Don't Get Blindsided By Correspondent Banking Enforcement

By Marc Cohen, Alex Lakatos, Brad Resnikoff and Bradley Cohen
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Law360 (April 22, 2020, 11:21 AM EDT) --
Marc Cohen
Marc Cohen
Alex Lakatos
Alex Lakatos
Brad Resnikoff
Brad Resnikoff
Bradley Cohen
Bradley Cohen
History teaches that the market disruption caused by a crisis like the COVID-19 outbreak is very likely to result in an uptick in financial crime and related misconduct. Indeed, U.S. regulators and law enforcement are warning institutions to remain vigilant and have assured their constituents that financial crimes enforcement will continue unabated.

Here we will explore the financial crime risks posed by correspondent banking, an activity that remains a priority for regulators and law enforcement. We also offer some practical guidance for financial institutions on mitigating those risks.

Enforcement and Prosecutorial Actions Hit U.S. and Non-U.S. Banks Alike

Regulators, including the U.S. Department of the Treasury's Financial Crimes Enforcement Network, have brought enforcement actions against U.S. banks, as well as domestic branches of foreign financial institutions, or FFIs, for anti-money laundering violations related to foreign correspondent banking services.

Over the past several years, FinCEN has penalized several U.S. banks for failing to conduct ongoing due diligence on foreign correspondent accounts. That lack of diligence is alleged to have allowed hundreds of millions of dollars of suspicious funds flowing into the US financial system.[1]

Non-U.S. banks also have potential exposure. In fact, a number of FFIs have recently disclosed to U.S. regulators that a significant amount of suspicious funds flowed through their foreign branches in recent years as part of various global money laundering schemes.

In these cases, FFIs processed high-value, complex transactions lacking economic substance. Ultimate beneficial ownership and source of funds were often obscured through layers of shell companies. In addition to the AML concerns raised by these suspicious transactions, through investigation FFIs have also uncovered transactions connected to politically exposed persons, raising potential anti-corruption and bribery concerns, as well as transactions potentially violative of U.S. economic sanctions.

In response to these disclosures, FinCEN, the U.S. Department of Justice, the U.S. Securities and Exchange Commission, and the New York State Department of Financial Services have probed allegations related to hundreds of millions of dollars of high-risk funds flowing through European correspondent banking networks over the past decade.

Treasury Says Correspondent Banking Risk Continues to Threaten the U.S. Financial System

The Treasury recently issued its 2020 national strategy for combating terrorist and other illicit financing,[2] identifying correspondent banking as a significant threat to the U.S. financial system.[3] It illustrates that correspondent banking will continue to be a regulatory priority of FinCEN and other U.S. regulators.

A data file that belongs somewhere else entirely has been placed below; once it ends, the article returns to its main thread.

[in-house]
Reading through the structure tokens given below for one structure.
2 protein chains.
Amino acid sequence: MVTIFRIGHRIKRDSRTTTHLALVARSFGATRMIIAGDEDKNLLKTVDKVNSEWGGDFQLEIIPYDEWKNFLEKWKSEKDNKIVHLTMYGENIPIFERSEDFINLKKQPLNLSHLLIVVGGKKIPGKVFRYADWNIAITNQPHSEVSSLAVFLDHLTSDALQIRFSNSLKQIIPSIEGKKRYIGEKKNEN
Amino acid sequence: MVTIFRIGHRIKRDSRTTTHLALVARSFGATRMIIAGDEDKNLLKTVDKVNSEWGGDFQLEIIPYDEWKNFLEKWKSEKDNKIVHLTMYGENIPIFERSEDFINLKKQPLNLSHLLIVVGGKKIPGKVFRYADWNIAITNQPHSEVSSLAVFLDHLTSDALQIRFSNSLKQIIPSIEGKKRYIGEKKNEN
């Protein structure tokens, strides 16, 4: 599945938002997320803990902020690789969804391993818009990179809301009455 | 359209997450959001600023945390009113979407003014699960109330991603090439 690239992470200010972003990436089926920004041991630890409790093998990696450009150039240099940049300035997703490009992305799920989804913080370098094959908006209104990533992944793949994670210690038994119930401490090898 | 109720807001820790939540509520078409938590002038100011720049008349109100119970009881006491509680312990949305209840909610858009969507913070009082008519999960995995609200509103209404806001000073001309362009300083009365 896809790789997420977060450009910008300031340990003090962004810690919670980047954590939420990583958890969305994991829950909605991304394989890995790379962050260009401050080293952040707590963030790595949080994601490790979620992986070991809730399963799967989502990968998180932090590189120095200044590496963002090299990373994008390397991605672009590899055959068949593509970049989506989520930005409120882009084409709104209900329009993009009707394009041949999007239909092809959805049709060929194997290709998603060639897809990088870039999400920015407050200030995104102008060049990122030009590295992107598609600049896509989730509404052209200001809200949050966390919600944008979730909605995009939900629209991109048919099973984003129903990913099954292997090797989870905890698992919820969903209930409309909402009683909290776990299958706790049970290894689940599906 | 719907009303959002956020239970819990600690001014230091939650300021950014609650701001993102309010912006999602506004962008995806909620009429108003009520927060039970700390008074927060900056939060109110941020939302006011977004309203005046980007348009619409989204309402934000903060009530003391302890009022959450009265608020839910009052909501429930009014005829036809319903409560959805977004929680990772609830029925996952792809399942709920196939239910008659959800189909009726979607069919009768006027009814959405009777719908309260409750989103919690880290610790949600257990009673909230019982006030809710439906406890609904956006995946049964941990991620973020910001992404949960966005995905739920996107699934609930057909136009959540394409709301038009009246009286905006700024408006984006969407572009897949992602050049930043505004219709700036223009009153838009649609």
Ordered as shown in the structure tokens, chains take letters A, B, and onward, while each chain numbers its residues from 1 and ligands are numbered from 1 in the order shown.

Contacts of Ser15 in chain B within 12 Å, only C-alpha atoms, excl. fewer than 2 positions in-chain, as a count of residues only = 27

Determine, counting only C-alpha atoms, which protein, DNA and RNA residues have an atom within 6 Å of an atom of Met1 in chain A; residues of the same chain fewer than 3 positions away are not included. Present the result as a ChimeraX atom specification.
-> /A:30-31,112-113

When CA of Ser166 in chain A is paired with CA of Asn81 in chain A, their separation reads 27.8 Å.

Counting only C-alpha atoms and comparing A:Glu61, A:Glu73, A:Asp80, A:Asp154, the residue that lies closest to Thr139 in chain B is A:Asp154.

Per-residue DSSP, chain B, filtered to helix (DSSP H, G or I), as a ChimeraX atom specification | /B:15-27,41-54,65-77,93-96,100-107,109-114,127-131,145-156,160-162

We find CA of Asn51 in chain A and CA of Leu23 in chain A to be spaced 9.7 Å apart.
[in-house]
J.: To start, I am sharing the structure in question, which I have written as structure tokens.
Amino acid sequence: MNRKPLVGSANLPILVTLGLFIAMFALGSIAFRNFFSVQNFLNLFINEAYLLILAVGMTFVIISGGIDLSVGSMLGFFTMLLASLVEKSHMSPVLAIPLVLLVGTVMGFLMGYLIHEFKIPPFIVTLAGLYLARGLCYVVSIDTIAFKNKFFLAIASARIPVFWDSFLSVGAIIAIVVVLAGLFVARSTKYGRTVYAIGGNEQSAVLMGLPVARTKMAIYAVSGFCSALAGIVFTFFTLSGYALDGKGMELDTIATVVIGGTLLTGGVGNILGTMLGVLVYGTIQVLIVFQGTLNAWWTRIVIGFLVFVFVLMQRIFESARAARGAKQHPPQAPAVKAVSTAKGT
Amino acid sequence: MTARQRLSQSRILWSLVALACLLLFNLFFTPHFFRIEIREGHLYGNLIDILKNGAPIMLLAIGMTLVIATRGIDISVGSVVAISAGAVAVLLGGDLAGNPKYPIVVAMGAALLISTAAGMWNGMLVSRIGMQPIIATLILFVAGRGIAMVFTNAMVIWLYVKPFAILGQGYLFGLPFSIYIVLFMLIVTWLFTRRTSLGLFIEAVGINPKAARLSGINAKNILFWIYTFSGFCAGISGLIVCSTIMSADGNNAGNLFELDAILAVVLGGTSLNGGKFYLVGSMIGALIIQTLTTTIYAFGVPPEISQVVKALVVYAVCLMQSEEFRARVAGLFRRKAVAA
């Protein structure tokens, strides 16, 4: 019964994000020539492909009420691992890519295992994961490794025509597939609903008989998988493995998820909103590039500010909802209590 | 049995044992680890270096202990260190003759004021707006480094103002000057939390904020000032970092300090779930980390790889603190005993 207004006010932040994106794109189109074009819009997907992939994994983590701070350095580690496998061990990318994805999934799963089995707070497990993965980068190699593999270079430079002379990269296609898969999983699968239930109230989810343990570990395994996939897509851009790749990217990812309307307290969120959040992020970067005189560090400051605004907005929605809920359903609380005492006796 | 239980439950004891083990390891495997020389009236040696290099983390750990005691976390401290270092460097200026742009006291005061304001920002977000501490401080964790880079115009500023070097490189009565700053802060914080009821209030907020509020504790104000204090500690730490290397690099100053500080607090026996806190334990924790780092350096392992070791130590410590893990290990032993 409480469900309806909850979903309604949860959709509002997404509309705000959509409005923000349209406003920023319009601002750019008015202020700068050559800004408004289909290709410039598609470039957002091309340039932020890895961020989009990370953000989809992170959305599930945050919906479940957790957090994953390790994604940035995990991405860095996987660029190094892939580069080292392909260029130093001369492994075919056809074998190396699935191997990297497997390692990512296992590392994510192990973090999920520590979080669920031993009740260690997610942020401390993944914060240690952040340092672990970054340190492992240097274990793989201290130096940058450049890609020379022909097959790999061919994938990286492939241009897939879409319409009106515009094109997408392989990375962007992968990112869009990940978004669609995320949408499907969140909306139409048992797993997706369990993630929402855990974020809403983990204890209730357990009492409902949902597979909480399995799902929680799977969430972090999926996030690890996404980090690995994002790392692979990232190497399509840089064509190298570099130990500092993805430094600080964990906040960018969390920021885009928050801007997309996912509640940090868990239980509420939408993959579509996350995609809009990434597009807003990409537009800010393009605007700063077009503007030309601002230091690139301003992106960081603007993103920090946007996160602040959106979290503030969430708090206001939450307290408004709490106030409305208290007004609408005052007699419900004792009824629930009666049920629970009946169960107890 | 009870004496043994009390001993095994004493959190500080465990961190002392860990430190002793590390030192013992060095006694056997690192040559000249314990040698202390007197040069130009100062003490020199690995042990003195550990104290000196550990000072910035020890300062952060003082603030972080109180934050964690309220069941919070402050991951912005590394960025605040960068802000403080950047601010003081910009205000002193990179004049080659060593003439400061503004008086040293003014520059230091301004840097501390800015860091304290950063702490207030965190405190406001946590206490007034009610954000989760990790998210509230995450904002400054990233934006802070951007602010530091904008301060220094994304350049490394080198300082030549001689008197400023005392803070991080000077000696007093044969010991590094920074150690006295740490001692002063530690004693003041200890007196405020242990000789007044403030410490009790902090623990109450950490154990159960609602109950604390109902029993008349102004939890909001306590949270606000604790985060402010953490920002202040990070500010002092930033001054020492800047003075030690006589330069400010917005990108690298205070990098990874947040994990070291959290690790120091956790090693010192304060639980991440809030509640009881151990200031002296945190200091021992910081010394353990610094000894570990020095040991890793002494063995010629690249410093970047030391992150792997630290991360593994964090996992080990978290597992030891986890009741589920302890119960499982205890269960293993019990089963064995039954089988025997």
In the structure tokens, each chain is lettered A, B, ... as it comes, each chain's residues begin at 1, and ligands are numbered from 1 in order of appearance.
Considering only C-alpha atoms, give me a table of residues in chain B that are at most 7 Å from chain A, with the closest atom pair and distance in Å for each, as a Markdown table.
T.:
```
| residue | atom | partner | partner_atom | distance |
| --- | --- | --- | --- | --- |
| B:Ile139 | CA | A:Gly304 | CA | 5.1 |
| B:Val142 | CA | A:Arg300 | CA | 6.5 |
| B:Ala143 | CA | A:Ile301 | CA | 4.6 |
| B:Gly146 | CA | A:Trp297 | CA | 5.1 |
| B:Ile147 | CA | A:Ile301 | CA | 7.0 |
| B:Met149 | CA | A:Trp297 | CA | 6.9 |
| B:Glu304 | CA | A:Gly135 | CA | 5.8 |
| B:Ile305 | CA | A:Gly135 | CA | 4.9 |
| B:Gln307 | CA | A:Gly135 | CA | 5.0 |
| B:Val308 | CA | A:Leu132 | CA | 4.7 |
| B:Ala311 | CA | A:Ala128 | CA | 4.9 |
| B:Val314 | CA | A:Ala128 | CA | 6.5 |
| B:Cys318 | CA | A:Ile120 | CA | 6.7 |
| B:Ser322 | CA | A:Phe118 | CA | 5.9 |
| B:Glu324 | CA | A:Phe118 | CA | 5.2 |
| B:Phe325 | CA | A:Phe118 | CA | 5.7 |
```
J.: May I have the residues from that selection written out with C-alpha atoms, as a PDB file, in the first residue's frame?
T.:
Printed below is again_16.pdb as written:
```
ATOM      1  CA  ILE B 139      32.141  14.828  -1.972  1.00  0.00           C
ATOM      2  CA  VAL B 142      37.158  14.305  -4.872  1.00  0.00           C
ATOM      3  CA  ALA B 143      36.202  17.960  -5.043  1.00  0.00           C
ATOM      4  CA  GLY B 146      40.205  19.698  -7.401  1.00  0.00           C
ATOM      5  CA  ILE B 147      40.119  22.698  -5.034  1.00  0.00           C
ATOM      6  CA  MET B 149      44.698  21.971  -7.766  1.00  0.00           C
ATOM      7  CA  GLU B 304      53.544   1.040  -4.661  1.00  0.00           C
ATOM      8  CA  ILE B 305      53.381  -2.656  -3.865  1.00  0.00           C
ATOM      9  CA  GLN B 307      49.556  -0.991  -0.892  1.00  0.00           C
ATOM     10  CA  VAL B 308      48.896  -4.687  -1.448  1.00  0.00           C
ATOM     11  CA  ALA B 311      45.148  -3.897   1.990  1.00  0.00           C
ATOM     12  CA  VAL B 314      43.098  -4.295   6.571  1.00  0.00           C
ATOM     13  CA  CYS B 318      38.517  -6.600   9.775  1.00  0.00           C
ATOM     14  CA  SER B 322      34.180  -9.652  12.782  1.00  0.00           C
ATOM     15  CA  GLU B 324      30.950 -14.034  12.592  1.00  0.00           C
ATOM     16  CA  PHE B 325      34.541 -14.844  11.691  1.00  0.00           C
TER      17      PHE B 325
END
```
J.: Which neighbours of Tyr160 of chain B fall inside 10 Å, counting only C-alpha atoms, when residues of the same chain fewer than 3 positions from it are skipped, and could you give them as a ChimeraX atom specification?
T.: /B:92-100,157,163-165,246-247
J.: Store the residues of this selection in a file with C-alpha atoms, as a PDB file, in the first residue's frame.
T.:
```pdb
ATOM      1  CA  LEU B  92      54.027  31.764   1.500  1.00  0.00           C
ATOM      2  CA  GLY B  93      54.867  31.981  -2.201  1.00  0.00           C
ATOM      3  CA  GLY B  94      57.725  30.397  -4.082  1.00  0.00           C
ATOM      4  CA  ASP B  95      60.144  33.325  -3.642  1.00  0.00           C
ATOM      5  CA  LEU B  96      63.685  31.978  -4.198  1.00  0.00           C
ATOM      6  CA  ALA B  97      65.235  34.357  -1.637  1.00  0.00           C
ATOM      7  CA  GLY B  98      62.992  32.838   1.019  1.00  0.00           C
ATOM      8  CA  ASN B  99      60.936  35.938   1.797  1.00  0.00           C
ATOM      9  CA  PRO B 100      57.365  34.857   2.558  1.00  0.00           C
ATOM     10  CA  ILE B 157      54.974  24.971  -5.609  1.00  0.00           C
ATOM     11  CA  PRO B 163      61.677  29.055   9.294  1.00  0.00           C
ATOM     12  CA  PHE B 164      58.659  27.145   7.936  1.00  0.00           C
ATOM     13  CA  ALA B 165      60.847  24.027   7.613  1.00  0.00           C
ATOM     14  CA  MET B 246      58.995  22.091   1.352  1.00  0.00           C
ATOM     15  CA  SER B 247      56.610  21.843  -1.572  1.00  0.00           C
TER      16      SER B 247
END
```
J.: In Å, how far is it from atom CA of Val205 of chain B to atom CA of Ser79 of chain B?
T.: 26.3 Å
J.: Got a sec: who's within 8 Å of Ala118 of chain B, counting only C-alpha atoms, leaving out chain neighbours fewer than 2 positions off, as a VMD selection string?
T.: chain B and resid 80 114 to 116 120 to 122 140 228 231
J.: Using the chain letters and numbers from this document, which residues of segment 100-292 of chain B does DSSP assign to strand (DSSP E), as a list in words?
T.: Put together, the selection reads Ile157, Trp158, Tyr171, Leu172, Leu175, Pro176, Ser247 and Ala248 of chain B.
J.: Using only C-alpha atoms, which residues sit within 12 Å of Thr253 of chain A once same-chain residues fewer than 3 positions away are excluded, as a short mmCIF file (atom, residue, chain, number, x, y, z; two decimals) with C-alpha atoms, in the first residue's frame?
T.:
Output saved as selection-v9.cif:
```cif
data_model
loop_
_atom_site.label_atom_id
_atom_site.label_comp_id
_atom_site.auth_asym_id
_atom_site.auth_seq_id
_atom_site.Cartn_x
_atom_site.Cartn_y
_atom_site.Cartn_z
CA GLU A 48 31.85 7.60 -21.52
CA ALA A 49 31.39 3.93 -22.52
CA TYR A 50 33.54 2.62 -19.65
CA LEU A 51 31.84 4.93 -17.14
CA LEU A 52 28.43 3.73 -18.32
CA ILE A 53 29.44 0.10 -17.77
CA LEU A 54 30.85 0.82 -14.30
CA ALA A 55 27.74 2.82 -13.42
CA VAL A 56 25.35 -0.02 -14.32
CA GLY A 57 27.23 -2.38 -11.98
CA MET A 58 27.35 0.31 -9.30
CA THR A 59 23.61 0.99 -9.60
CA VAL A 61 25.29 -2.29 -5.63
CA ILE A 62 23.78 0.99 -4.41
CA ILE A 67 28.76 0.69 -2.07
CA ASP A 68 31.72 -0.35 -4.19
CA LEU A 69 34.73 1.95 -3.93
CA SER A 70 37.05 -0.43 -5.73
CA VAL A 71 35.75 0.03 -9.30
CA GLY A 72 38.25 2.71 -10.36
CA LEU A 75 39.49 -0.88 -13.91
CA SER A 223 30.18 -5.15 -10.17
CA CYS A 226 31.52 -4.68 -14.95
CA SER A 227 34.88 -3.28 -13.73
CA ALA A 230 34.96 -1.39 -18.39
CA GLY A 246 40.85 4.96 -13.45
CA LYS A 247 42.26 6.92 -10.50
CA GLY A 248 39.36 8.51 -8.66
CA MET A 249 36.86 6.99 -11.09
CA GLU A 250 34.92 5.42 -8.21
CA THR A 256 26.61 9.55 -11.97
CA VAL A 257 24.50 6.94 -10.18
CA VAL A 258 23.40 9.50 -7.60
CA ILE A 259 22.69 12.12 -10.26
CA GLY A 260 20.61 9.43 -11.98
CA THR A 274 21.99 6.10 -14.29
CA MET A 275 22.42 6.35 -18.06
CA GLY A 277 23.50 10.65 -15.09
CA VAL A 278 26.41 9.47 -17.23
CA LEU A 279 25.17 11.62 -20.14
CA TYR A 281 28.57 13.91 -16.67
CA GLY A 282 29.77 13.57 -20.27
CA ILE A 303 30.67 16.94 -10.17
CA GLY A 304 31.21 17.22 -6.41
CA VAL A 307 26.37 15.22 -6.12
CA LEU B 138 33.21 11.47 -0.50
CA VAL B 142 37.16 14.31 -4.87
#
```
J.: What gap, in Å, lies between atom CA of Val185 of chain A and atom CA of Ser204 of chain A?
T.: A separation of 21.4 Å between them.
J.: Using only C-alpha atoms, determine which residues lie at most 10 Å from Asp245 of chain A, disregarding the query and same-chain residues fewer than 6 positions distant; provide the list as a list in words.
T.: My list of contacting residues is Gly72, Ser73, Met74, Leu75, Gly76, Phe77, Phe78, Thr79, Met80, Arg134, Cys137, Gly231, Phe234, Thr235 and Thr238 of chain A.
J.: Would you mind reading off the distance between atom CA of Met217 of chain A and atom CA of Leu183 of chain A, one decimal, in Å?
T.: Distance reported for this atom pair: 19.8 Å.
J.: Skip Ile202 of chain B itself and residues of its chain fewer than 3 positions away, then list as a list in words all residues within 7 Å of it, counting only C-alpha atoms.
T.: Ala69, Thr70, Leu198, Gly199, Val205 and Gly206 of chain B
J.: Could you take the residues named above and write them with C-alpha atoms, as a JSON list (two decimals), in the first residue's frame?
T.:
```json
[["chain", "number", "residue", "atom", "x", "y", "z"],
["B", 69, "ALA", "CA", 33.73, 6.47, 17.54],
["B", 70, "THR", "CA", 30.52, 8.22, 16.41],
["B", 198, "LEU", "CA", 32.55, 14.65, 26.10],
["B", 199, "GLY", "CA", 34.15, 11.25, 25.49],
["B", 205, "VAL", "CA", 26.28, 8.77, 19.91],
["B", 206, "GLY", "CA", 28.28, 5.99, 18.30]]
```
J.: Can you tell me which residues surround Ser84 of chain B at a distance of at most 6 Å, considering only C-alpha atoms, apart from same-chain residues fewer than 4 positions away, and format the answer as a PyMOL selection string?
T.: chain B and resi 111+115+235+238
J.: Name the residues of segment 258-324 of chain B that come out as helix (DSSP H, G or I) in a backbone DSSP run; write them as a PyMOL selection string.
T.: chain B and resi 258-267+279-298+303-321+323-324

The 2020 national strategy highlights the AML risk posed by correspondent banking relationships. U.S. banks typically receive funds or transfer instructions from foreign correspondent banks without having account relationships with the originators of the payments, who may be a direct or indirect client of the FFI.

As a result, U.S. banks frequently have limited details on the transactions processed through foreign correspondent accounts, leaving them vulnerable to exploitation. As the 2020 national strategy notes, not all FFIs have kept up with U.S. banks in terms of mitigating correspondent banking risks, due in part to weak AML supervision, uneven enforcement, and lack of prioritization of AML in certain jurisdictions.

Legal Obligations for U.S. Banks

U.S. banks are required to establish due diligence programs that include appropriate risk-based policies, procedures, and controls reasonably designed to enable them to detect and report any suspected money laundering activity conducted through or involving any foreign correspondent accounts.[4]

Additionally, U.S. banks must assess and periodically review the AML risk posed by their foreign correspondent banking customers and apply enhanced measures to relationships with certain, higher-risk FFIs.[5] However, U.S. banks are not required to conduct due diligence on their FFIs' customers and therefore must depend in part on the level of AML supervision in the home countries of their foreign correspondent banks.

Recommended Actions for U.S. Banks

U.S. banks should review and, as necessary, update their correspondent banking due diligence programs and periodically train employees on the policies, procedures and controls in place to mitigate the risks associated with maintaining foreign correspondent bank accounts.

Additionally, U.S. banks should evaluate the FFIs for whom they provide correspondent banking services, including by requesting an update on their due diligence programs and internal controls and inquiring into whether they are aware of, and monitoring for, any exposure to the types of money laundering schemes, and any related sanctions or corruption issues, currently under investigation by U.S. and European authorities.